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ARS Home » Northeast Area » Beltsville, Maryland (BARC) » Beltsville Agricultural Research Center » Animal Genomics and Improvement Laboratory » Research » Publications at this Location » Publication #303010

Research Project: Understanding Genetic and Physiological Factors Affecting Nutrient Use Efficiency of Dairy Cattle

Location: Animal Genomics and Improvement Laboratory

Title: Ileal tight junction gene expression in glucagon-like peptide 2-treated dairy bull calves with and without coccidiosis

Author
item Walker, Michael
item Baldwin, Ransom - Randy
item Kahl, Stanislaw - Stass
item Connor, Erin

Submitted to: Meeting Abstract
Publication Type: Abstract Only
Publication Acceptance Date: 2/27/2014
Publication Date: 7/20/2014
Citation: Walker, M.P., Baldwin, R.L., Kahl, S., Connor, E.E. 2014. Ileal tight junction gene expression in glucagon-like peptide 2-treated dairy bull calves with and without coccidiosis. Journal of Dairy Science. 97(E-Suppl. 1):687. Abstract M208.

Interpretive Summary:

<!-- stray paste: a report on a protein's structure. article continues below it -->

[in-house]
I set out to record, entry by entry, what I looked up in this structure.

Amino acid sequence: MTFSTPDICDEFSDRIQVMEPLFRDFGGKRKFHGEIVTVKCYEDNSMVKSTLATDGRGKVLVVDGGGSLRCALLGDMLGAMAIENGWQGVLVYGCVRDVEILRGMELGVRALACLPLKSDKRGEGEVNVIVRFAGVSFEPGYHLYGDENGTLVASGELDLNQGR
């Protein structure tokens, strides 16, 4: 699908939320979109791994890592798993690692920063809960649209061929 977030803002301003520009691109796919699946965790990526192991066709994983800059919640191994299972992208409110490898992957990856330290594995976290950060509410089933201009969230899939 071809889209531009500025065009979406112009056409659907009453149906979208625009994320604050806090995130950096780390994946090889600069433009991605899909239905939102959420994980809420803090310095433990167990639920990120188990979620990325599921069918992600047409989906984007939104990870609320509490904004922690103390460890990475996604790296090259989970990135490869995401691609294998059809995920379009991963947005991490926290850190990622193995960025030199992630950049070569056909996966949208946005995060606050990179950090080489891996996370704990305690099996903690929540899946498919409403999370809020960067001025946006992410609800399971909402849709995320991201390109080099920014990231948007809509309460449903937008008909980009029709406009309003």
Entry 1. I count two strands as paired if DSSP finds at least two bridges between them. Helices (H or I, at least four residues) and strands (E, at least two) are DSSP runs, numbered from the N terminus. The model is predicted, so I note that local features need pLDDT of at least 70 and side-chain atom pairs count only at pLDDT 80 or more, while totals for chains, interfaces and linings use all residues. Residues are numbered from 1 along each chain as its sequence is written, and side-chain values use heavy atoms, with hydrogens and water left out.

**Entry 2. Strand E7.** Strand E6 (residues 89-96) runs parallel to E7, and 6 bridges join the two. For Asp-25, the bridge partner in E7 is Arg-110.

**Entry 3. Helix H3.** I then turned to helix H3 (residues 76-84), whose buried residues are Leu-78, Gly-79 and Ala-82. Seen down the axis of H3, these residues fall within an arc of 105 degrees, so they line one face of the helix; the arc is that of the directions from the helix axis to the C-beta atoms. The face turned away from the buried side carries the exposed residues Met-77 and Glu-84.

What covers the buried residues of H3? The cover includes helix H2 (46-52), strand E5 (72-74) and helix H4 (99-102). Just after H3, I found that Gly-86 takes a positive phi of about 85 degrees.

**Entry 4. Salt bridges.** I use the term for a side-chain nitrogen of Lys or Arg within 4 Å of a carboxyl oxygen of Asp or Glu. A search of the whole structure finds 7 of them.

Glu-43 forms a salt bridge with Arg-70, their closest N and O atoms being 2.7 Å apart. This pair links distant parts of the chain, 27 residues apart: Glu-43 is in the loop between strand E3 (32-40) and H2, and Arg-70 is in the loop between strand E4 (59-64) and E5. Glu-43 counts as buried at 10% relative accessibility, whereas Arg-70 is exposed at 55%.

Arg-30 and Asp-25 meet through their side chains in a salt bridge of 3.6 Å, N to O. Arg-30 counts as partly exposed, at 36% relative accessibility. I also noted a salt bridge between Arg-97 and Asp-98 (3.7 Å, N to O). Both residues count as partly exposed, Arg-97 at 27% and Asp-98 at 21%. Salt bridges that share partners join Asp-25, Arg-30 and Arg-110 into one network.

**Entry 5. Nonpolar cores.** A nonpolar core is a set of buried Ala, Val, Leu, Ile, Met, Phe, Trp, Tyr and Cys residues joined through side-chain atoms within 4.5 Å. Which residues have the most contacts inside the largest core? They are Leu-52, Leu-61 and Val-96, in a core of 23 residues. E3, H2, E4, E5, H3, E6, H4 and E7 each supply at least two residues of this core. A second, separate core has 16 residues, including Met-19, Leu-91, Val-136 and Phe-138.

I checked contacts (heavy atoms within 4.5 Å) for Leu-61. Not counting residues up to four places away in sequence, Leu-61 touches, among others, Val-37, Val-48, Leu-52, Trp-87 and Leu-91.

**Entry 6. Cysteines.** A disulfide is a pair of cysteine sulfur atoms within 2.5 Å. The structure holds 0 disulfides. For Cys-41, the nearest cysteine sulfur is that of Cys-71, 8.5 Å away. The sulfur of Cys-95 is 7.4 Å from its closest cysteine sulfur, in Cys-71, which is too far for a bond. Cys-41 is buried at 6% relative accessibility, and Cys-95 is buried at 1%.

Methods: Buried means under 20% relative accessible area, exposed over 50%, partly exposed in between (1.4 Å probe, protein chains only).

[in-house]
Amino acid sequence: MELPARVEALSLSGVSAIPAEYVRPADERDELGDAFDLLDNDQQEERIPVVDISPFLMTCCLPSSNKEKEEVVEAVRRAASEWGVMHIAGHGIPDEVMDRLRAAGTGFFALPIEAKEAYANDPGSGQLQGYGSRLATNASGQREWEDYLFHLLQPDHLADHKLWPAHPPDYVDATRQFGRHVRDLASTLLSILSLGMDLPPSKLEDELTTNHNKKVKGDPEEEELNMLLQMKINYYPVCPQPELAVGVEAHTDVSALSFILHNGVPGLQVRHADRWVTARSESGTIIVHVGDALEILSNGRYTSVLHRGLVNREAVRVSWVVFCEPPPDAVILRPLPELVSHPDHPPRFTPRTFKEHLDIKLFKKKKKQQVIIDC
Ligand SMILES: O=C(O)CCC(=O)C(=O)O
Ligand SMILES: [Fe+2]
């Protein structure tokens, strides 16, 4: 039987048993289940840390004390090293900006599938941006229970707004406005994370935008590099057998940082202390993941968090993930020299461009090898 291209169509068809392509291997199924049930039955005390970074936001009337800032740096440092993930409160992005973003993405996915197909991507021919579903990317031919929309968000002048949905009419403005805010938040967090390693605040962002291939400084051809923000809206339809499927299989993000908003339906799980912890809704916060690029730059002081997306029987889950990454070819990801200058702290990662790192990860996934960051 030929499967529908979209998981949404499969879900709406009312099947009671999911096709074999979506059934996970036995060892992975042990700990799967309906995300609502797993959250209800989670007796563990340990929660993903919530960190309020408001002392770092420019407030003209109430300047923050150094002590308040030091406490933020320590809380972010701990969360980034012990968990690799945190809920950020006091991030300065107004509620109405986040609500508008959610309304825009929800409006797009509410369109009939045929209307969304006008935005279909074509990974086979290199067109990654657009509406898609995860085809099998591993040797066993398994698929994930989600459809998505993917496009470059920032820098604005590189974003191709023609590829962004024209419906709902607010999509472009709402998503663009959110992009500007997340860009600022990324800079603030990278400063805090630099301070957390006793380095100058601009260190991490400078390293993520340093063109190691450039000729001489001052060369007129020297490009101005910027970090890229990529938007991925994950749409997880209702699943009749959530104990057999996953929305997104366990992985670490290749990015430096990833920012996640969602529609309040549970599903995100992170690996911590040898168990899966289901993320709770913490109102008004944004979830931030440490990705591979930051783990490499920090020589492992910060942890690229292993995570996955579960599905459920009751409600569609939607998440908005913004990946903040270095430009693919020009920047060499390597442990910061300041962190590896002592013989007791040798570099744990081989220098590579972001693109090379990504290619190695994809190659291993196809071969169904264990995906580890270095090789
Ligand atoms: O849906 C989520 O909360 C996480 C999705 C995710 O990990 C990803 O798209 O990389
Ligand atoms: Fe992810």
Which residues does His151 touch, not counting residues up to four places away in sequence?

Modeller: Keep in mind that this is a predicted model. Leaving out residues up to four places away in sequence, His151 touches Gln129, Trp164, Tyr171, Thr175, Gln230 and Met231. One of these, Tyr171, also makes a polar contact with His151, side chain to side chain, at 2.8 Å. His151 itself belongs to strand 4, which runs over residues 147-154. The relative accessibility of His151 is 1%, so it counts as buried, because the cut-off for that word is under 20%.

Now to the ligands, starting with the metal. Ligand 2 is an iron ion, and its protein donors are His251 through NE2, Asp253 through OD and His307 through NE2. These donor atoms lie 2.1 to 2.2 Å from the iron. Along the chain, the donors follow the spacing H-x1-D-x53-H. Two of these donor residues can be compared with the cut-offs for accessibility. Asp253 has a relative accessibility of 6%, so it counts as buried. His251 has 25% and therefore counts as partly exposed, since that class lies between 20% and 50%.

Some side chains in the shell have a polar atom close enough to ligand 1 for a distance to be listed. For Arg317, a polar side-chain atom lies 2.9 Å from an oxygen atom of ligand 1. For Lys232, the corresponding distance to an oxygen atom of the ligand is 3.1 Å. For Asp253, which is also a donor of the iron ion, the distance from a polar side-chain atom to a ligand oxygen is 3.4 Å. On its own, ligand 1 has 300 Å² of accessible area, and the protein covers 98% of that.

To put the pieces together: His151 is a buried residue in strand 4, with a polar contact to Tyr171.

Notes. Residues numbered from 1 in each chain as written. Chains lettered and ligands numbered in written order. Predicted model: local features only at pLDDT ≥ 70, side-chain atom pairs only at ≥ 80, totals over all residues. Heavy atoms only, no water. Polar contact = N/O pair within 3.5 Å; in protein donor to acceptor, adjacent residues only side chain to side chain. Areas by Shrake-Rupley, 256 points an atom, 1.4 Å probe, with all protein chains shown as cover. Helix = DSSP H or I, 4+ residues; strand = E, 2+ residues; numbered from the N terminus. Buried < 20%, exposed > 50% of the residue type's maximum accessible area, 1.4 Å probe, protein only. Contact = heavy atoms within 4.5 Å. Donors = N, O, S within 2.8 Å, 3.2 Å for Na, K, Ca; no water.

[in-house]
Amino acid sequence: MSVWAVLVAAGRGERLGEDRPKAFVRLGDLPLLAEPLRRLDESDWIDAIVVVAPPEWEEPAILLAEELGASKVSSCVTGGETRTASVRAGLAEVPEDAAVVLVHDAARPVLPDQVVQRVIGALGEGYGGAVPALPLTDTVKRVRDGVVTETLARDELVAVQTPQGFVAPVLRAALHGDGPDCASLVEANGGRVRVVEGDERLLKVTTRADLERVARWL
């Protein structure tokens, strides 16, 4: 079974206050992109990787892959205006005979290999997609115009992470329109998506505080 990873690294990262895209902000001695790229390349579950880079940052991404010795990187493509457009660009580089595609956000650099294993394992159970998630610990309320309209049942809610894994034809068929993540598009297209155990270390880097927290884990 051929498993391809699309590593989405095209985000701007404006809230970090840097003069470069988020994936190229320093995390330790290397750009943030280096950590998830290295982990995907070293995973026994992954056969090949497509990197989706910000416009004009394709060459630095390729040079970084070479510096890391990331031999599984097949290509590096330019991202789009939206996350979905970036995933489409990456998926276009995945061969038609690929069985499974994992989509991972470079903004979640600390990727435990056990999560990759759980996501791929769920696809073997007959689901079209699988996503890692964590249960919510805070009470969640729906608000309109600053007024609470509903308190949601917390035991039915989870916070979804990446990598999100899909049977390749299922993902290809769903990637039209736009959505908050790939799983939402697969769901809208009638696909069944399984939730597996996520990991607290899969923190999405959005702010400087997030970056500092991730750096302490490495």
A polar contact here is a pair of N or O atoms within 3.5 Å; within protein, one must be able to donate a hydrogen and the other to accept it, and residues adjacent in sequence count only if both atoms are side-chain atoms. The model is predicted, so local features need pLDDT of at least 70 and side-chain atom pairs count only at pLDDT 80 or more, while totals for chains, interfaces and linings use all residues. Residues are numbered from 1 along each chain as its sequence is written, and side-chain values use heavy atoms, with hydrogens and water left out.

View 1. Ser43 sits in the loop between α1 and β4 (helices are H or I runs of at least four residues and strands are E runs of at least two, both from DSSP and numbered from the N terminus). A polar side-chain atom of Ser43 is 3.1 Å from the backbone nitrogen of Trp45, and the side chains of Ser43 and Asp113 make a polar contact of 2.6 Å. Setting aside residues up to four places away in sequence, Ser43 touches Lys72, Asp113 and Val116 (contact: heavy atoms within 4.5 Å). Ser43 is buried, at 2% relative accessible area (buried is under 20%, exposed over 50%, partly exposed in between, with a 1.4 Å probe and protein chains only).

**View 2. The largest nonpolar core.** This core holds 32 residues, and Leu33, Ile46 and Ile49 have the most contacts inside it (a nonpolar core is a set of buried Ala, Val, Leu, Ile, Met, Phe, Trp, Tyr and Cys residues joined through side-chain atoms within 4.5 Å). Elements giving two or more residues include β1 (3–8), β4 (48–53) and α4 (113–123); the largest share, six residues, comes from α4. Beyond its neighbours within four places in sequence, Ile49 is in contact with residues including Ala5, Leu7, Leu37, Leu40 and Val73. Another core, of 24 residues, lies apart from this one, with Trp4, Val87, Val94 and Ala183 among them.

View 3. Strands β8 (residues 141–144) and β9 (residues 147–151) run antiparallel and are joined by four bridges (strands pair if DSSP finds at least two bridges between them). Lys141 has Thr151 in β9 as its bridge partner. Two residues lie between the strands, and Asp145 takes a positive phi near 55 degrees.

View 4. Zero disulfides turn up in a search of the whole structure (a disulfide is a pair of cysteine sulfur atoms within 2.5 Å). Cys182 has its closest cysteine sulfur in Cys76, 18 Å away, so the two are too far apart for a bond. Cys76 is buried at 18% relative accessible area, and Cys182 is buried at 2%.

Technical Abstract: Intestinal gut permeability is partially regulated by the intestinotrophic hormone glucagon-like peptide 2 (GLP-2). Specifically, disease models in mice and human cell lines have implicated GLP-2 in the regulation of the tight junction milieu within the intestinal tract. Therapeutic administration of GLP-2 ameliorates gastrointestinal lesions and mechanical damage in rodent models of ileitis, porcine models of bowel resection, and humans with small bowel disease. These damages can reduce nutritional absorption and increase bacteria in the blood stream, both of which are in part attributed to tight junction protein disregulation. The purpose of the present study was to determine whether GLP2 therapy alters tight junction gene expression in ileum of neonatal dairy calves with scours induced by Eimeria bovis infection. Neonatal Holstein bull calves (n =18) were separated into 4 treatment groups; uninfected-buffer (n = 5), uninfected-GLP-2 (n = 4), E. bovis-buffer (n = 5), and E. bovis-GLP-2 (n = 4). On d 0, calves in the E. bovis-buffer and E. bovis-GLP-2 groups were orally dosed with 200,000 sporulated oocysts of E. bovis. For 10 d (d 18 to d 27 of the study), uninfected-GLP-2 and E. bovis-GLP-2 calves were injected every 12 h with 50 µg of GLP-2/kg BW and at d 28 calves were sacrificed for collection of intestinal tissues for RNA extraction. Tight junction genes including CAR, CLDN1, CLDN2, CLDN4, F11R/JAMA, JAM2/JAMB, and TJP1/ZO-1 were evaluated in ileal epithelium by realtime quantitative PCR. Relative mRNA expression normalized to ATP5B and HMBS revealed greater expression of TJP1/ZO-1 in E. bovis-infected calves compared to uninfected calves (P = 0.03) and an E.bovis infection vs GLP2 treatment interaction (P = 0.004). Expression of all other genes did not differ (P > 0.05) with GLP-2 treatment or E. bovis infection status. The lack of significant findings among the majority of genes investigated may be explained by large variation among individuals or the timing of sample collection relative to infection status and GLP-2 treatment. Alternatively, tight junctions may not be regulated at the RNA level, whereby analysis at the protein level may be more appropriate. Finally, the cellular localization of tight junction proteins may become altered during infection and with GLP2 treatment due to post-translational modifications or other regulating molecules. A more in-depth histological study could reveal significant findings that analysis of RNA levels alone cannot detect.